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Chipper Jones: Nats good without Strasburg

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Chipper Jones: Nats good without Strasburg

Braves third baseman Chipper Jones may play on the Nationals' closest rival for the 2012 N.L. East crown, but that doesn't stop him from giving credit where credit is due. So far this season he has gushed about both Stephen Strasburg and Bryce Harper, and now he has praise for the team's pitching staff as a whole.

Jones told USA Today how he thinks the Nats' arms are perfect for the playoffs:

"Power arms, power arms that's what translates in the postseason," Jones said. "It's cold, guys are all wrapped up, it's hard to center the ball when a guy throws it 100 miles an hour. And these guys have a bunch of 'em."

He went on to name names like Gio Gonzalez and Ross Detwiler, each with fastballs in the mid-90's, but Jones didn't limit it to the starters.

"All the guys in their 'pen who throw 93 and above. Show me a team with at least two power arms at the top of their rotation and I'll show you a team that's more than likely going to go a long way in the postseason."

Jones himself has appeared in the playoffs 11 different times, a total of 20 postseason series'. As a member of the Braves since 1993, he has also witnessed first-hand great pitching as Atlanta once had one of the best rotations in history.

Jones sure is right about the Nats throwing hard, all five of the team's starters rank in the top 13 in the majors for average fastball velocity. Strasburg ranks first in the league with an average speed of 95.8 on his fastball, but he of course won't be pitching in the playoffs.

So many things have to break right for a team to reach the World Series and win it, but even without Strasburg they seem to have as good a chance as anybody. Even Chipper Jones agrees.

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Papelbon's job now a real question, Nats glad to have Zim & Solis back

Papelbon's job now a real question, Nats glad to have Zim & Solis back

Leftover notes and observations from the Nats' 4-2 win over the San Francisco Giants on Thursday night...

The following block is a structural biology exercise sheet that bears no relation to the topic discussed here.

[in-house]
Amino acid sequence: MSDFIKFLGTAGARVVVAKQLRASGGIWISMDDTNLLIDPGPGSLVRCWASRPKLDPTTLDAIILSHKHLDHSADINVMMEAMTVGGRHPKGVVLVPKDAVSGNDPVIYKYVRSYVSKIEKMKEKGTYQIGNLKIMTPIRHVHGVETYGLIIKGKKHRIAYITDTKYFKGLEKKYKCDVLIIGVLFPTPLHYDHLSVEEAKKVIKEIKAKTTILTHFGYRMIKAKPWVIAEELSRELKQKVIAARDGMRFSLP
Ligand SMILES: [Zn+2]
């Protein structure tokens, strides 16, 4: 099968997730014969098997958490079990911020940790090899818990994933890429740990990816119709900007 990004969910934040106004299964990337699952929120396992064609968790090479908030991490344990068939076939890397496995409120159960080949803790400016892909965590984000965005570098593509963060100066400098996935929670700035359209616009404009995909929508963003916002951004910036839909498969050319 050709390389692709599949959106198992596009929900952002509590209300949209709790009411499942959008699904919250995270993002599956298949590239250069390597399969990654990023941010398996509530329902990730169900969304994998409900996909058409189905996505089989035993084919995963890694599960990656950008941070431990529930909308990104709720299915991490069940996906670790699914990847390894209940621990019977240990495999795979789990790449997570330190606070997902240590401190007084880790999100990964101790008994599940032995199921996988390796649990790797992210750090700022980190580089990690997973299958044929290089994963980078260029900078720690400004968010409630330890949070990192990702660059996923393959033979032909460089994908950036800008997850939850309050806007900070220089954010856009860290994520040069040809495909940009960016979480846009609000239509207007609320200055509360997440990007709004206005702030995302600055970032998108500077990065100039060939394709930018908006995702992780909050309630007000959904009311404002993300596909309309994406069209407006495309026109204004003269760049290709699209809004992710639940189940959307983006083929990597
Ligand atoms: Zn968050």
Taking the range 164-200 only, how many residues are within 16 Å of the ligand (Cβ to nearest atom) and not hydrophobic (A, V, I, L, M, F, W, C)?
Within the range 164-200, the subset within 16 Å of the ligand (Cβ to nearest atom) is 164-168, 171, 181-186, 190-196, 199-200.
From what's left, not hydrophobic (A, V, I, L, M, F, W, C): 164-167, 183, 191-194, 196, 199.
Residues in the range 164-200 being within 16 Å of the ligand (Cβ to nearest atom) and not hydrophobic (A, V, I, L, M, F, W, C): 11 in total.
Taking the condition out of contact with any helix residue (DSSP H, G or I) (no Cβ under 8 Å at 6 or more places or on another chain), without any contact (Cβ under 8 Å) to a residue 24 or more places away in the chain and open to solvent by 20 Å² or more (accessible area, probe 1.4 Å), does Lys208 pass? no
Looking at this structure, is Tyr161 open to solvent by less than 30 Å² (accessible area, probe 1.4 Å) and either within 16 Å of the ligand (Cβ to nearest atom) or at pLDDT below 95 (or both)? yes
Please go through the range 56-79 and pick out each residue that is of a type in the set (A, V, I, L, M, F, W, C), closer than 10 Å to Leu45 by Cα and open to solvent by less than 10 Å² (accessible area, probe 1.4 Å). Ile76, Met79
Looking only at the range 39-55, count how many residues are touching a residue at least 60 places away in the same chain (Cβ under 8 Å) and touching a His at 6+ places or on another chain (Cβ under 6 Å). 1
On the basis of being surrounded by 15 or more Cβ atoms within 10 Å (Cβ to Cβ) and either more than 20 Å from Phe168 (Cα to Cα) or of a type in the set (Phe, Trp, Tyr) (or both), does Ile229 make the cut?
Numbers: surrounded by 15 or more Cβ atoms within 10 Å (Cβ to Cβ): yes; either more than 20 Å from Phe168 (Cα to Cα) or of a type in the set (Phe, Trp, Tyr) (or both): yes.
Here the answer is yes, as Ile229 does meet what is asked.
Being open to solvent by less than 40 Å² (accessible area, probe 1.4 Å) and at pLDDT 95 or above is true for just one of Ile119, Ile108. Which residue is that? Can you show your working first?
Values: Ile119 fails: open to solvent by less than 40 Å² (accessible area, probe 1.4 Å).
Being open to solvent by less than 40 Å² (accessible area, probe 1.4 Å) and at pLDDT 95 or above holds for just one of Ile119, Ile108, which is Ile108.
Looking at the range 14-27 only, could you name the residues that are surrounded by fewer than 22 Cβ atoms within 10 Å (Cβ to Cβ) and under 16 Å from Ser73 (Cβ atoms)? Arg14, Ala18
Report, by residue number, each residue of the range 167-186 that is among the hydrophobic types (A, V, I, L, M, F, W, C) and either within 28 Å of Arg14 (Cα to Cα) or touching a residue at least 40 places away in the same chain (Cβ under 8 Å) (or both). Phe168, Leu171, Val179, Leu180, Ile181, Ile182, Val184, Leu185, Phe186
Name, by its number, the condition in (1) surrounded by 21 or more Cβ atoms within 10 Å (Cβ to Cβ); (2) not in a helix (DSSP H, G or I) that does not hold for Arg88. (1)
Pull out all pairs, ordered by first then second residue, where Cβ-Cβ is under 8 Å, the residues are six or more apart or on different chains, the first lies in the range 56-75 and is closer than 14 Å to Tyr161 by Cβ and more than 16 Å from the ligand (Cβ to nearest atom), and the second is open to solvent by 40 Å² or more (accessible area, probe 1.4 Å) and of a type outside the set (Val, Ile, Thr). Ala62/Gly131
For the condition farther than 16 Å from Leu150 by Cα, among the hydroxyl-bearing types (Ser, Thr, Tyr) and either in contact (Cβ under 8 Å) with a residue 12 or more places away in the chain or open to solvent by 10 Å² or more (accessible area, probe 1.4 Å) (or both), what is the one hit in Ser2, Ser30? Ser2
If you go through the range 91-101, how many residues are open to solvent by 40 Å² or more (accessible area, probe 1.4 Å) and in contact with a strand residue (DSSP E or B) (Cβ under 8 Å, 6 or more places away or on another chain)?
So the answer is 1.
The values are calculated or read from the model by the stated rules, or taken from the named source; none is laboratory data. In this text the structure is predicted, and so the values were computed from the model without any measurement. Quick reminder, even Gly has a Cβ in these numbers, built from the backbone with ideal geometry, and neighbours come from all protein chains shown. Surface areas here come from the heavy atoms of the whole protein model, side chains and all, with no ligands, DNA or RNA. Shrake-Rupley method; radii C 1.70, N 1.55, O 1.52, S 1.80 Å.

Papelbon pulled: Jonathan Papelbon has been causing trouble for the Nationals in the ninth inning lately, having gone back to his shaky ways of pitching to hard contact with a fastball that tops out at 89-90 miles per hour. Many fans have not felt confident this year in Papelbon's ability to do his job as closer. Now we know the Nationals feel the same.

Manager Dusty Baker pulled Papelbon after the 35-year-old veteran faced just three batters on Thursday night. He got Brandon Crawford to fly out, then gave up a single to Brandon Belt and a walk to Mac Williamson. By the end of his first at-bat, Baker had Oliver Perez warming.

Papelbon was ultimately charged with one earned run as Perez allowed Belt to score on an infield grounder. That gave Papelbon his third straight appearance with at least one earned run allowed, with seven of them total during that stretch.

His troubles go beyond the numbers, though. First place teams who have their closer's back simply do not take him out that early in such a big spot in such an important game. If any more indication was needed the Nationals could use an upgrade at that position by Monday's non-waiver trade deadline, there it was. Now, the question is how the Nats can bring in a new closer. Will they give up the farm for an Andrew Miller, or hope for the same results with a Alex Colome or Jeremy Jeffress, who would conceivably be cheaper? Either way, they should do something, or else it could cost them a lot down the road. They know it, we know it, everyone knows it.

Zimmerman gets two hits: In his third game back from the disabled list, Ryan Zimmerman had a solid outing with a single, a double and a run. That followed Wednesday's game in Cleveland where he had a single, two runs and a steal. Zimmerman is now 6-for-20 (.300) with five runs, a double and a homer in his last five games, though those are split by his stint on the DL.

Espinosa drives in a run: Hits have been few and far between for Espinosa, who has fallen off a bit in July after his exceptional month of June. But the Nats shortstop did get a big one on Thursday night with his RBI single with two outs in the top of the second inning. Espinosa now has just three hits in his last 10 games across 38 at-bats with 17 strikeouts. He has a .318 OPS during that stretch. Maybe Thursday was a sign he is about to get going again.

Solis shines again: Sammy Solis continued to look strong in his second appearance since returning from the disabled list on Tuesday. he tossed a scoreless eighth inning after working around a leadoff walk. Solis has now pitched 1 2/3 innings with no runs and three strikeouts since coming back. Beyond going after closers, the Nats have also been linked to left-handed relievers, guys like Zach Duke and Boone Logan. With Solis back pitching well, though, it's not a major need.

[RELATED: Roark and Turner lead the way as Nats top Giants]

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Nats pull Papelbon in 9th vs. Giants: 'The object is to win the game'

Nats pull Papelbon in 9th vs. Giants: 'The object is to win the game'

SAN FRANCISCO (AP) -- With his team chasing the Chicago Cubs for the best record in baseball, Washington manager Dusty Baker is willing to do whatever it takes to keep the Nationals close -- even if it means pulling closer Jonathan Papelbon in the ninth inning.

While it might not be the move he cherishes, it's one Baker may make even more down the stretch as Papelbon struggles through one of his roughest stretches of the season.

Ryan Zimmerman had two hits and scored a run, Trea Turner added two hits and an RBI and the Nationals beat the San Francisco Giants 4-2 on Thursday night in the opener of a key four-game series between division leaders.